Valparaiso U. Drops Crusader as Mascot, Citing Ties to Hate Teams

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Valparaiso U. Drops Crusader as Mascot, Citing Ties to Hate Groups

Valparaiso University, known for one of the biggest surprises in the history of the NCAA Division I men’s basketball tournament through a medium-sized sports program, announced Thursday that it was dropping the Crusader as a mascot for his association with hate groups and violence.

In a video posted on Facebook by the private university in Indiana affiliated with the Lutheran Church, the interim president of the university and the president of the student body said that the crusader mascot has developed a negative connotation and no longer reflects the values ​​of the institution.

The university, whose name is often abbreviated to Valpo, adopted the Crusader as its mascot in 1942, a nod to the Christian conquests of the Holy Land from the 11th to the 13th centuries, when European invaders faced Muslims. The mascot costume includes armor, a helmet and a shield.

A new mascot has yet to be announced by the university. This is the latest notable entry on a list of professional sports franchises and college sports programs – led by the Cleveland Indians of Major League Baseball and the Washington NFL soccer team – who have given up their team names amid a statewide reckoning of such symbols .

Colette Irwin-Knott, the university’s interim president, said in the video that the crusader mascot has been under scrutiny over the past few decades “because it can be linked to aggressive religious repression and violence.”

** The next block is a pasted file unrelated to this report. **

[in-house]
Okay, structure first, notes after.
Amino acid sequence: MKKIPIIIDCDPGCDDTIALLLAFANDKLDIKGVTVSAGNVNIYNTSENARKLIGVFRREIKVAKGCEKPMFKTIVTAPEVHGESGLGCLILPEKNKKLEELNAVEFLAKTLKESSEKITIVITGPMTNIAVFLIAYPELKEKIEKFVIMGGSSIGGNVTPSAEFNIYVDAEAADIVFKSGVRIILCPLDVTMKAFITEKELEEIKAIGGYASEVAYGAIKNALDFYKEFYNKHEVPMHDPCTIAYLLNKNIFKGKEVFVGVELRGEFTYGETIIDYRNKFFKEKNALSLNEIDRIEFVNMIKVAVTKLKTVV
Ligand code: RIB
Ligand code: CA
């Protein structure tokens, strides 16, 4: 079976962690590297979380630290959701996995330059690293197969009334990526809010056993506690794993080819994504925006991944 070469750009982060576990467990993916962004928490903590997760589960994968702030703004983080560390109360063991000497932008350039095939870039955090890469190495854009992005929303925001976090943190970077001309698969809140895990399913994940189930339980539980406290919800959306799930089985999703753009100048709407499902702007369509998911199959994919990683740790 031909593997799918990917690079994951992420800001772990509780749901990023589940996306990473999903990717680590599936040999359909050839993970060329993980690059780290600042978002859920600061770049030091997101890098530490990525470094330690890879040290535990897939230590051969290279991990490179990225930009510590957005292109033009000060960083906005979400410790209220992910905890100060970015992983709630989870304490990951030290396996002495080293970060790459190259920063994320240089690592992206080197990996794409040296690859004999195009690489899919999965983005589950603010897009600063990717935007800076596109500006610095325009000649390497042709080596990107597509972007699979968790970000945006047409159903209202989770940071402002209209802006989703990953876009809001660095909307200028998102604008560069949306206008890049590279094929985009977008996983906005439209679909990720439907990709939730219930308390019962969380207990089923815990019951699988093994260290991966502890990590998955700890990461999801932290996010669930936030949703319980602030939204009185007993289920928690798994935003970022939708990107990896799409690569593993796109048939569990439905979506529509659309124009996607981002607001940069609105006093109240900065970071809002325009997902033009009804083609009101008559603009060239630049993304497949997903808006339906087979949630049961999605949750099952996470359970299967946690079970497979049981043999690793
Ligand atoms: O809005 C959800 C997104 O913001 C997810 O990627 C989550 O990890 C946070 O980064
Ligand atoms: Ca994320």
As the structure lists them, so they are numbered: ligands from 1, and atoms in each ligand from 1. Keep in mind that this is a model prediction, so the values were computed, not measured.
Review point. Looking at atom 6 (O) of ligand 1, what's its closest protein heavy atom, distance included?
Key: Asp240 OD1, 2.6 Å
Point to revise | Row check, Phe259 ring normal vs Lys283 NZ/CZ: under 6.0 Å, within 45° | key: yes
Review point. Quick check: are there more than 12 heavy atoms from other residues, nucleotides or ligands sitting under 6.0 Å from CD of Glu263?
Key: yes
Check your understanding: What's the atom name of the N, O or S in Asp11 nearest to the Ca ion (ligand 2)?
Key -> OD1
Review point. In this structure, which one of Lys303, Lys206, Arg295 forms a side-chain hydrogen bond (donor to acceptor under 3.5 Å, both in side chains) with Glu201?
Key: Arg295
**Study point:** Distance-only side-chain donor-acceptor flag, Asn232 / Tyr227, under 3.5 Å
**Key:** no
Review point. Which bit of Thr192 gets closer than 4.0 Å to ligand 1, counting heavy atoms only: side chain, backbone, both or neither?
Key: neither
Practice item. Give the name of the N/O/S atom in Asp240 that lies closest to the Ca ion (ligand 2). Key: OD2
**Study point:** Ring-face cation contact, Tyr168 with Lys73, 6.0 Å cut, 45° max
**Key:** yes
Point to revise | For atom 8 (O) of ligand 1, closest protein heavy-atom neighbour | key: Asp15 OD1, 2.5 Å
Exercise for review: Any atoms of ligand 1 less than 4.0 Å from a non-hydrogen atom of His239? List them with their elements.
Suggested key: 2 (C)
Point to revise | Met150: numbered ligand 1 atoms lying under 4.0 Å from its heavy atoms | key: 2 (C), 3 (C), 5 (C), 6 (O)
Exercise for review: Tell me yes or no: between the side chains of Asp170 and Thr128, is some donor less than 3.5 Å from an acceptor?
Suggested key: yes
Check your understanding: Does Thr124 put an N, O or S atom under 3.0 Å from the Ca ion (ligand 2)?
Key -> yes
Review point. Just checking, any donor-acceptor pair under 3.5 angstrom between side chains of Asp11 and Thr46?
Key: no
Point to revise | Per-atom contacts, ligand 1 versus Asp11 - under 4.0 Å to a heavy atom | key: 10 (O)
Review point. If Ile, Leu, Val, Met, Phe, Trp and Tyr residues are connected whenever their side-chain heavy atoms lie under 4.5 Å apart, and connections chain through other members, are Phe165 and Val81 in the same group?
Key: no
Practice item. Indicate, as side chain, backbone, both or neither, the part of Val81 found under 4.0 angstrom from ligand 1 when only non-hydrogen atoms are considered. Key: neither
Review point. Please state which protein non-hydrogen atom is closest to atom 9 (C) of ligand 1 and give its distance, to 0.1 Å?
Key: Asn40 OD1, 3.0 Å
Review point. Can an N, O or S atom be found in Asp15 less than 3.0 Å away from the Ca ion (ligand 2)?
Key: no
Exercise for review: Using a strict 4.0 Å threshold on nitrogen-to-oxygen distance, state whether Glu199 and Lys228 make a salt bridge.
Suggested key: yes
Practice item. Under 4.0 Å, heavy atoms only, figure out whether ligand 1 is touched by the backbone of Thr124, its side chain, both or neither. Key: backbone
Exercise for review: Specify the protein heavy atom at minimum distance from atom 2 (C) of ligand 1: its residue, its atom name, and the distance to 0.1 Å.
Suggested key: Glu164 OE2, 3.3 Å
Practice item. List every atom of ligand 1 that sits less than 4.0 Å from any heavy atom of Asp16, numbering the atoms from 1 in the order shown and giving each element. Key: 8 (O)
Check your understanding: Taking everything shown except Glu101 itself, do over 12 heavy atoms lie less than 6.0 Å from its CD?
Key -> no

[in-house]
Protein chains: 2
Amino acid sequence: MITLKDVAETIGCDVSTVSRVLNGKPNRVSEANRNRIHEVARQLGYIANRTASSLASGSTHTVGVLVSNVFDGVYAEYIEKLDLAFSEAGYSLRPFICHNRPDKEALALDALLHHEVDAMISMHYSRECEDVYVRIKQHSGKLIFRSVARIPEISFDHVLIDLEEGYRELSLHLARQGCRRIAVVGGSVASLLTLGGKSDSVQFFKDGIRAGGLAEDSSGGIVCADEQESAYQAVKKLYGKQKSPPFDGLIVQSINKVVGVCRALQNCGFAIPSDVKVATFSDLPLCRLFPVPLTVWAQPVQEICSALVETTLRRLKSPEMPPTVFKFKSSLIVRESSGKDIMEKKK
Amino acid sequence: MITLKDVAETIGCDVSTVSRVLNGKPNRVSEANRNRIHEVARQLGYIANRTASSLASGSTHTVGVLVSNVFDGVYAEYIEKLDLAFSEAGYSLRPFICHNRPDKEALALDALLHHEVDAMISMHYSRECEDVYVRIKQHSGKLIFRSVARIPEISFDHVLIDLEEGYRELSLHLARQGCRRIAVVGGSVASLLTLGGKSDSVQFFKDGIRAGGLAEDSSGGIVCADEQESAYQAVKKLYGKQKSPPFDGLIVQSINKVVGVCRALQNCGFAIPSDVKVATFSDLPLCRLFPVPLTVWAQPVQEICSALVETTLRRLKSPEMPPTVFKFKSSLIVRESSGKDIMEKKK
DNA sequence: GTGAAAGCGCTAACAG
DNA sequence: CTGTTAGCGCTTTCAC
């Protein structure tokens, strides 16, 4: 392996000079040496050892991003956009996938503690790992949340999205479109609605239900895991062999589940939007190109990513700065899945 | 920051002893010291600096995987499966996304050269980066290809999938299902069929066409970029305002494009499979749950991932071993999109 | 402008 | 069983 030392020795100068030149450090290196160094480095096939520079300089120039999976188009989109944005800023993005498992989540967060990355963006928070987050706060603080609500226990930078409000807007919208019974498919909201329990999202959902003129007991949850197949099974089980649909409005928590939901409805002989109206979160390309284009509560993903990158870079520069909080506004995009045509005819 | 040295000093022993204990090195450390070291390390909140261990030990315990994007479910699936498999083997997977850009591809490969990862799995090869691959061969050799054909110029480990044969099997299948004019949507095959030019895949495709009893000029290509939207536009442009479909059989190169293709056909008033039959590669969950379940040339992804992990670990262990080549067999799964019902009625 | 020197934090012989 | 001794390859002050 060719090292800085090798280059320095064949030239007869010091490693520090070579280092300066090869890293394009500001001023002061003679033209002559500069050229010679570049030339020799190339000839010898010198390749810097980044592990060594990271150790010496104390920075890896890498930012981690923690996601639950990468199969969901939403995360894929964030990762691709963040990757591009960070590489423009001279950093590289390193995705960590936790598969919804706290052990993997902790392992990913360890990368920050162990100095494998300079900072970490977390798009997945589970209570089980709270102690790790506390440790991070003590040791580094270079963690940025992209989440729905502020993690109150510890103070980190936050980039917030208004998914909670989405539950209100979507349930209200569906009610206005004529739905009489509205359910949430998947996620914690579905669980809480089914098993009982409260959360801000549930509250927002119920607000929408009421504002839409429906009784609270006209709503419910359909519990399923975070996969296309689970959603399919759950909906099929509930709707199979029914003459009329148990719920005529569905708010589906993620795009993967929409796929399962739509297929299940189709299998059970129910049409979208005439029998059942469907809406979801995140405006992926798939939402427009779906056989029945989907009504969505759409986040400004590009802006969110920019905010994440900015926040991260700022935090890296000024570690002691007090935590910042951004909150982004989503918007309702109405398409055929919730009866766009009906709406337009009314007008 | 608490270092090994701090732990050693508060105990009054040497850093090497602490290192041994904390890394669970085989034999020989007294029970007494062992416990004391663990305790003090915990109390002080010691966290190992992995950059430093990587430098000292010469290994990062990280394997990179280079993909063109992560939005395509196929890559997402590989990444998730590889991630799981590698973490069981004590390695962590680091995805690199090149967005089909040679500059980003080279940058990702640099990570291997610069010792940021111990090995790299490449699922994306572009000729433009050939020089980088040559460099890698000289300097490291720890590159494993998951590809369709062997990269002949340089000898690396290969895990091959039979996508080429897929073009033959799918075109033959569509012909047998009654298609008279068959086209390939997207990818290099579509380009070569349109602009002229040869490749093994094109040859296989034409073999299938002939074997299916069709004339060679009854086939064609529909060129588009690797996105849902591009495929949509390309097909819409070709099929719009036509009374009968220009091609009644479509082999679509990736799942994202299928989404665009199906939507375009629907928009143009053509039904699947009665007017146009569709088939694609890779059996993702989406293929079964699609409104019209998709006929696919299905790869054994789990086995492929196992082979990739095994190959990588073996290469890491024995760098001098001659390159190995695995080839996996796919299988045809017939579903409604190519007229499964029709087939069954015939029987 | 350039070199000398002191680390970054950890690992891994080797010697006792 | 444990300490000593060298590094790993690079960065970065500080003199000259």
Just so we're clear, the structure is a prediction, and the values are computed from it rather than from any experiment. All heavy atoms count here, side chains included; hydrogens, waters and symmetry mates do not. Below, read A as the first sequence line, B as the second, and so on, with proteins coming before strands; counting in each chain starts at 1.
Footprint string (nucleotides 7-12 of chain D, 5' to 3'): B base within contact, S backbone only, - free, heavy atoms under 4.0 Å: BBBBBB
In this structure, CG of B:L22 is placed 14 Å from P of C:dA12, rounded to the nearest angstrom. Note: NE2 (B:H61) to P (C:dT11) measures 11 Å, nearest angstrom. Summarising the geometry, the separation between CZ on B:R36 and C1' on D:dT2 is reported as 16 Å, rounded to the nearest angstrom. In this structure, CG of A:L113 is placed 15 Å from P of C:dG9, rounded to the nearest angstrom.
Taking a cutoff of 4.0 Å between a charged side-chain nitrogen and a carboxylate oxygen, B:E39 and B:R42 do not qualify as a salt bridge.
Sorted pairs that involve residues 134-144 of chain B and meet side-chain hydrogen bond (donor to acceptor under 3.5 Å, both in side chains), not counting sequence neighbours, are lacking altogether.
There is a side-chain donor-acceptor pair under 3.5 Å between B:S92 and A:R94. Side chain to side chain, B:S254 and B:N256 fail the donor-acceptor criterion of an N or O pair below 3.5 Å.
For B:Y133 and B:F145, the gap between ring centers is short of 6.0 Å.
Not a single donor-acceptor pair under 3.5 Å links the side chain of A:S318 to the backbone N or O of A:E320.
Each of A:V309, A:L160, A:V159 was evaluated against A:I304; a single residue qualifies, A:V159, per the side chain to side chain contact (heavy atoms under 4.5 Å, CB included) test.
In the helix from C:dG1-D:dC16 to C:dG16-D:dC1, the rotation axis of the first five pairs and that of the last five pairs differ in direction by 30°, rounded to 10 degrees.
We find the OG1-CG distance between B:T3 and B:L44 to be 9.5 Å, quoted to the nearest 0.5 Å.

“Unfortunately, the crusader and its symbols in connection with the crusades were accepted and shown by hate groups,” said Ms. Irwin-Knott. “In fact, one of the KKK’s newspapers is called The Crusader, and we don’t want to associate that with Valparaiso University in any way.”

During the deadly siege of the US Capitol last month, white supremacists brought their variant of the Crusader Cross, which has become popular among the racist and anti-Semitic fringes. It was not immediately clear whether this element of the attack had contributed to the university’s decision to withdraw the crusader as a mascot.

Ms. Irwin-Knott said a task force of university advocates convened in the fall semester, along with the faculty senate and student senate, recommended the change.

Kaitlyn Steinhiser, the president of the student body, said in the video that many students were eager to see the retired crusader.

“Mascots should help us to show our school spirit and to represent Valpo values ​​instead of dividing and symbolizing negativity,” said Ms. Steinhiser. “Students on campus are increasingly concerned about how the current crusader mascot represents us and how it can influence the views of potential students about our university.”

Valparaiso isn’t the first university to deal with a crusader mascot.

In 2000, Wheaton College in Illinois dropped the Crusader as a mascot. But the College of the Holy Cross in Worcester, Massachusetts, after a 2018 review, decided to stick to the Crusaders name. At the time, the Holy Cross president said the college’s definition of crusader was based on “a contemporary understanding of the term that suggests a great effort to support, correct, or make a difference”.

Valparaiso’s most triumphant athletic moment came in the opening round of the 1998 NCAA men’s basketball tournament when the Crusaders, a No. 13 Mississippi seed, a No. 4 seed, stunned a 3-pointer from Bryce Drew on the last buzzer. It became known as the shot.